You look at the clock. It’s 1 a.m. You’ve been trying to sleep since 11, and you’re still awake. Your mind races. Your muscles are tense. You think you’ll never get any rest. Sound familiar? If so, you are one of 60 million people in the U.S. who suffer from some form of insomnia.
A recent survey by the National Sleep Foundation indicates that 58 percent of adults in America experience insomnia at least a few nights a week. Insomnia increases with age, afflicting approximately 30 percent of men and 40 percent of women.
While insomnia has many causes, many of us can’t sleep because we are simply too stressed out. Stress, a major contributor to all sorts of health issues – from weight gain to heart problems – seems unavoidable in today’s fast-paced world.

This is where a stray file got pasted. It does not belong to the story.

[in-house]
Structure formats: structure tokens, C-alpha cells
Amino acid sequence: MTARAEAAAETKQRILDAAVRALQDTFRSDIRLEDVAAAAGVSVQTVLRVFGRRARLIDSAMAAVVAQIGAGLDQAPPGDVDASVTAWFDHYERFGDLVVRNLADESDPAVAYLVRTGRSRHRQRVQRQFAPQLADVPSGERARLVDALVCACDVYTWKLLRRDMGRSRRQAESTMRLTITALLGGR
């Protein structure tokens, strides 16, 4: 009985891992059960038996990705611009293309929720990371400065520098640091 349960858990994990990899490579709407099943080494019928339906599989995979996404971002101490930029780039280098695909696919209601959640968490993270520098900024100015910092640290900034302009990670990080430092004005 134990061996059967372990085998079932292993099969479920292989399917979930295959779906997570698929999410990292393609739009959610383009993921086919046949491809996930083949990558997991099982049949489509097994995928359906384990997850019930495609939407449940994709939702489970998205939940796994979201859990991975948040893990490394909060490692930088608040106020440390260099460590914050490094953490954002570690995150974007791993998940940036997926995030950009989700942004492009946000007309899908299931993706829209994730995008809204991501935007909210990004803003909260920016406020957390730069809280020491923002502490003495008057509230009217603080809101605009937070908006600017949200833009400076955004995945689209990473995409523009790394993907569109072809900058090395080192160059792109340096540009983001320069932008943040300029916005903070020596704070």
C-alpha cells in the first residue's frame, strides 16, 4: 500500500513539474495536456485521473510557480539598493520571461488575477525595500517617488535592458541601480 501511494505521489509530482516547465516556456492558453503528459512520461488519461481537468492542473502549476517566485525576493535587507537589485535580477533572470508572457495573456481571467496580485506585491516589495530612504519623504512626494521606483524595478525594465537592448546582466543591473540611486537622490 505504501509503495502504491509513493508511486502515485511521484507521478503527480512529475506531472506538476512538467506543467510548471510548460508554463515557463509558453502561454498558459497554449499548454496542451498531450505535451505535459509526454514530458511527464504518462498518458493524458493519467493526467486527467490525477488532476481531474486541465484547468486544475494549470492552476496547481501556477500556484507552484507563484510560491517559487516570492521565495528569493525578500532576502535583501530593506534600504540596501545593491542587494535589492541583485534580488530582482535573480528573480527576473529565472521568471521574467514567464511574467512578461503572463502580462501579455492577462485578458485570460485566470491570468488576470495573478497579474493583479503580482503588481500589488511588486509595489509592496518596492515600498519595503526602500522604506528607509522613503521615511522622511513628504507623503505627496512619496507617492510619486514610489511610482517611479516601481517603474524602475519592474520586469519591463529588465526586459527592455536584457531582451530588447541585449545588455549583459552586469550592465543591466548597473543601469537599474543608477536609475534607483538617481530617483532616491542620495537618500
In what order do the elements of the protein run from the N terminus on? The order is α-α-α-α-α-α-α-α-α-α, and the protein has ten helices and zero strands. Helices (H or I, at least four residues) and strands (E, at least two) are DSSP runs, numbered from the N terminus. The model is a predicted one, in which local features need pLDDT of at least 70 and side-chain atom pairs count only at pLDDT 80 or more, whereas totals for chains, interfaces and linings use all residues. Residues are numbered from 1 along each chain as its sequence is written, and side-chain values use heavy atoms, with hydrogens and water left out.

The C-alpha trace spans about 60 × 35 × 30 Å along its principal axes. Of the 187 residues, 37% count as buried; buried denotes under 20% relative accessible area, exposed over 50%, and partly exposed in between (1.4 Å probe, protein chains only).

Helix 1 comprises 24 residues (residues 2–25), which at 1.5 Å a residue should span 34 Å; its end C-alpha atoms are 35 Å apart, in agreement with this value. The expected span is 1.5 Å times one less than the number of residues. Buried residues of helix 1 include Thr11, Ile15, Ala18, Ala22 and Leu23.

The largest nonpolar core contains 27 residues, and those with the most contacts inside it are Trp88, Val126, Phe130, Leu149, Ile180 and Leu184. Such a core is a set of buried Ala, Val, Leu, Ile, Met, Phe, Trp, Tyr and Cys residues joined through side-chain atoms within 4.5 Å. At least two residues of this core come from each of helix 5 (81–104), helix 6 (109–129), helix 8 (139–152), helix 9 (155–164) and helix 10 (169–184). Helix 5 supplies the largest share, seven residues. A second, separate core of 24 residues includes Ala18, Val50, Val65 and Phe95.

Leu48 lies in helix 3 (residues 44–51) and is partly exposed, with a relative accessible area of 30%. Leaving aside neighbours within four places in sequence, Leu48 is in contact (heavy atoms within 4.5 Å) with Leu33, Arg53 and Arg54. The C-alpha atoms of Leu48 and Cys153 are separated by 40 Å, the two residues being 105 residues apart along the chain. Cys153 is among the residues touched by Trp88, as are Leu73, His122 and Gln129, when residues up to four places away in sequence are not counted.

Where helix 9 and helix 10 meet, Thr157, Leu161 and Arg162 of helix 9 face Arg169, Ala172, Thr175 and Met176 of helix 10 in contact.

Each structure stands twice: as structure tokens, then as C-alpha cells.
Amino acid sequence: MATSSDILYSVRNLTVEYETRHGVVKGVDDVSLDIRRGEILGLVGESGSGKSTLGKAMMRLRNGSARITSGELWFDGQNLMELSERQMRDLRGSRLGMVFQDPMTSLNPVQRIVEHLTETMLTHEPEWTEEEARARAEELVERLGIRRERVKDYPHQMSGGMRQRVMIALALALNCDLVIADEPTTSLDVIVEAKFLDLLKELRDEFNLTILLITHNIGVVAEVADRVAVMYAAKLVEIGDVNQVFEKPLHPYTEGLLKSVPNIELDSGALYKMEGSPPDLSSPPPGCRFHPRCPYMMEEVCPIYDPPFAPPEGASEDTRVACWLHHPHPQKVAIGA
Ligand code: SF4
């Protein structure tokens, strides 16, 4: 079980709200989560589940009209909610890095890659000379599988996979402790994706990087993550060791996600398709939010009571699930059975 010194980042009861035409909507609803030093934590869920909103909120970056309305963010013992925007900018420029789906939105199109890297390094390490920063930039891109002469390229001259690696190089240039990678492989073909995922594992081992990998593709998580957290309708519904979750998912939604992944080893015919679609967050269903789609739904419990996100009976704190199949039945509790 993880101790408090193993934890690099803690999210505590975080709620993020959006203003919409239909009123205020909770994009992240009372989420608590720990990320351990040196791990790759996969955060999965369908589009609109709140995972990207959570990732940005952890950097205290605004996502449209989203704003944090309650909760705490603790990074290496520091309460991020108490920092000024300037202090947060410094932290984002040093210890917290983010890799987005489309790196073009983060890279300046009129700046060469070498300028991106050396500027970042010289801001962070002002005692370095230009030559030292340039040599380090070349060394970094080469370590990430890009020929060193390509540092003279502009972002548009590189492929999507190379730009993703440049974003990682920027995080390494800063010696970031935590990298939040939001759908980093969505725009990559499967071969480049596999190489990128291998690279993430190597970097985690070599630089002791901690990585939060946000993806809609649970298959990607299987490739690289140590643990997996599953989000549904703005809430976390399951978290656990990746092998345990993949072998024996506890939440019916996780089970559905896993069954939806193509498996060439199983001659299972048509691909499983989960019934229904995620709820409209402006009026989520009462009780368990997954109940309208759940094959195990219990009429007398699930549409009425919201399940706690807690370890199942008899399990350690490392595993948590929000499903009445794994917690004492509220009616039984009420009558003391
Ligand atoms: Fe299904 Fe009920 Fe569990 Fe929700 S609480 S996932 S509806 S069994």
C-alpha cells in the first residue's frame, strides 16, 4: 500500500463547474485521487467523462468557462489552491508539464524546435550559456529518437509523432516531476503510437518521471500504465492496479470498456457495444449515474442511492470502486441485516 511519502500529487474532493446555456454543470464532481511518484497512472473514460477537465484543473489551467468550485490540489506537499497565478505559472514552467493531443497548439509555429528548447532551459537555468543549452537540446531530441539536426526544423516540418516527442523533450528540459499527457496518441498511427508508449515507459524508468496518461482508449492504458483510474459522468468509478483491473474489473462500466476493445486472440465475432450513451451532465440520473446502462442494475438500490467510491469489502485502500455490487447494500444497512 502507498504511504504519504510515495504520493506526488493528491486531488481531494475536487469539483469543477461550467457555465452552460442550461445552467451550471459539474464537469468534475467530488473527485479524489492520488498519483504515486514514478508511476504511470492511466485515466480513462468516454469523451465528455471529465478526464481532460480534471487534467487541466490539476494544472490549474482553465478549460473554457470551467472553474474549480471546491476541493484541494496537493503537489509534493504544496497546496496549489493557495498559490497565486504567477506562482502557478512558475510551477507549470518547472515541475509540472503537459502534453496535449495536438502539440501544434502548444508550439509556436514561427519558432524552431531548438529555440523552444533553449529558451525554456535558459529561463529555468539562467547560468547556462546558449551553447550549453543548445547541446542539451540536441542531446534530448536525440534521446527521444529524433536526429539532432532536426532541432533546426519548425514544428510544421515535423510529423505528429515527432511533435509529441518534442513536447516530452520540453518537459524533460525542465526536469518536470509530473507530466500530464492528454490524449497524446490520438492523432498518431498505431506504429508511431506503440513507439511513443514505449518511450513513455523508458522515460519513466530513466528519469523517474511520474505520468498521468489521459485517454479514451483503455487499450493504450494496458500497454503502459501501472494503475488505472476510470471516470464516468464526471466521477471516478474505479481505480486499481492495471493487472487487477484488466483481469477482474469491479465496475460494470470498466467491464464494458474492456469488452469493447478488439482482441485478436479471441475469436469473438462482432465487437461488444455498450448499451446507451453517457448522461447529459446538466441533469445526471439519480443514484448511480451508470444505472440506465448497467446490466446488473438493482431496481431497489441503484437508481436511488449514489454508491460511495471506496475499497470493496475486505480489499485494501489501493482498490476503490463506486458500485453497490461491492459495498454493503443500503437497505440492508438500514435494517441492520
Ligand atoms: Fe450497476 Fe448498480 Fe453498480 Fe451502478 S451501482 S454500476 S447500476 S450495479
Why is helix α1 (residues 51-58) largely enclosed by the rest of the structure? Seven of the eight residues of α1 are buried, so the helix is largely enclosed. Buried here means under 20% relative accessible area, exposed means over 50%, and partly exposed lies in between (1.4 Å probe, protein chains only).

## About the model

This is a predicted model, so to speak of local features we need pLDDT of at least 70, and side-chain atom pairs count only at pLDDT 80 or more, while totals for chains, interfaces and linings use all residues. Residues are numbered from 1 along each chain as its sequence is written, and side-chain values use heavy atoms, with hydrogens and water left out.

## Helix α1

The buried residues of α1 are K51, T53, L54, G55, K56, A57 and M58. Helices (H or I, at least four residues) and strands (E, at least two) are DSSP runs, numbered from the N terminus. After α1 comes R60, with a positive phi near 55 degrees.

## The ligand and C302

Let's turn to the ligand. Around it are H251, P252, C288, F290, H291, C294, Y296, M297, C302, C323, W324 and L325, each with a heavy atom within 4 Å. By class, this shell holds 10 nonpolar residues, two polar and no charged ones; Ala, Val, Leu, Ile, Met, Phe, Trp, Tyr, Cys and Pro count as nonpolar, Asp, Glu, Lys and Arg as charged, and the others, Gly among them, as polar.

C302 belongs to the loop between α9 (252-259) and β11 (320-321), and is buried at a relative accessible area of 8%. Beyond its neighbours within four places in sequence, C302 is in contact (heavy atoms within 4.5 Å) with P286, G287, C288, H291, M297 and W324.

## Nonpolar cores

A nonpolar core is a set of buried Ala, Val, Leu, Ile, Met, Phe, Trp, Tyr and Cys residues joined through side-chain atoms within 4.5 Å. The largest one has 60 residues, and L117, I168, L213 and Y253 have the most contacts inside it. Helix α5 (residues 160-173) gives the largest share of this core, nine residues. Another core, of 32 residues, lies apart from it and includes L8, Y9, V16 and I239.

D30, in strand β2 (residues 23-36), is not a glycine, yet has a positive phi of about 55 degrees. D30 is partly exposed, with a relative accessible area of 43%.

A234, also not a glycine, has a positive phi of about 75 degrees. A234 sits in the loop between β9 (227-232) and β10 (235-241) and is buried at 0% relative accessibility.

We may not be able to eliminate all stress from our lives, but we can minimize it. Here are some strategies:
* Make a list. Organize your next day’s activities into three categories: “To Call,” “To Buy, “To Do.” Attach a specific time to each activity, and rest assured that you won’t wake up to chaos.
* Unwind. Before you go to bed, take a timeout. Read or listen to music as you drink a cup of herbal tea or warm milk. Create a barrier of calm between your jam-packed day and your bedtime.
* Relax your body. We carry stress in our muscles, especially those of the neck and lower back. Stretching exercises can ease the tension. When you get into bed, lie flat your back for a few minutes. Tense and relax each muscle group as you work your way up from your toes to your temples.
* Try a sleep aid. Non-habit-forming aids are easy to find. The spray Insomnia, for example, is a natural alternative to prescriptions. Part of the Spray line of sublingual sprays, Insomnia helps you relax to ease you into a deep sleep. Made with natural ingredients, the spray acts gently and causes no side effects, according to its manufacturer.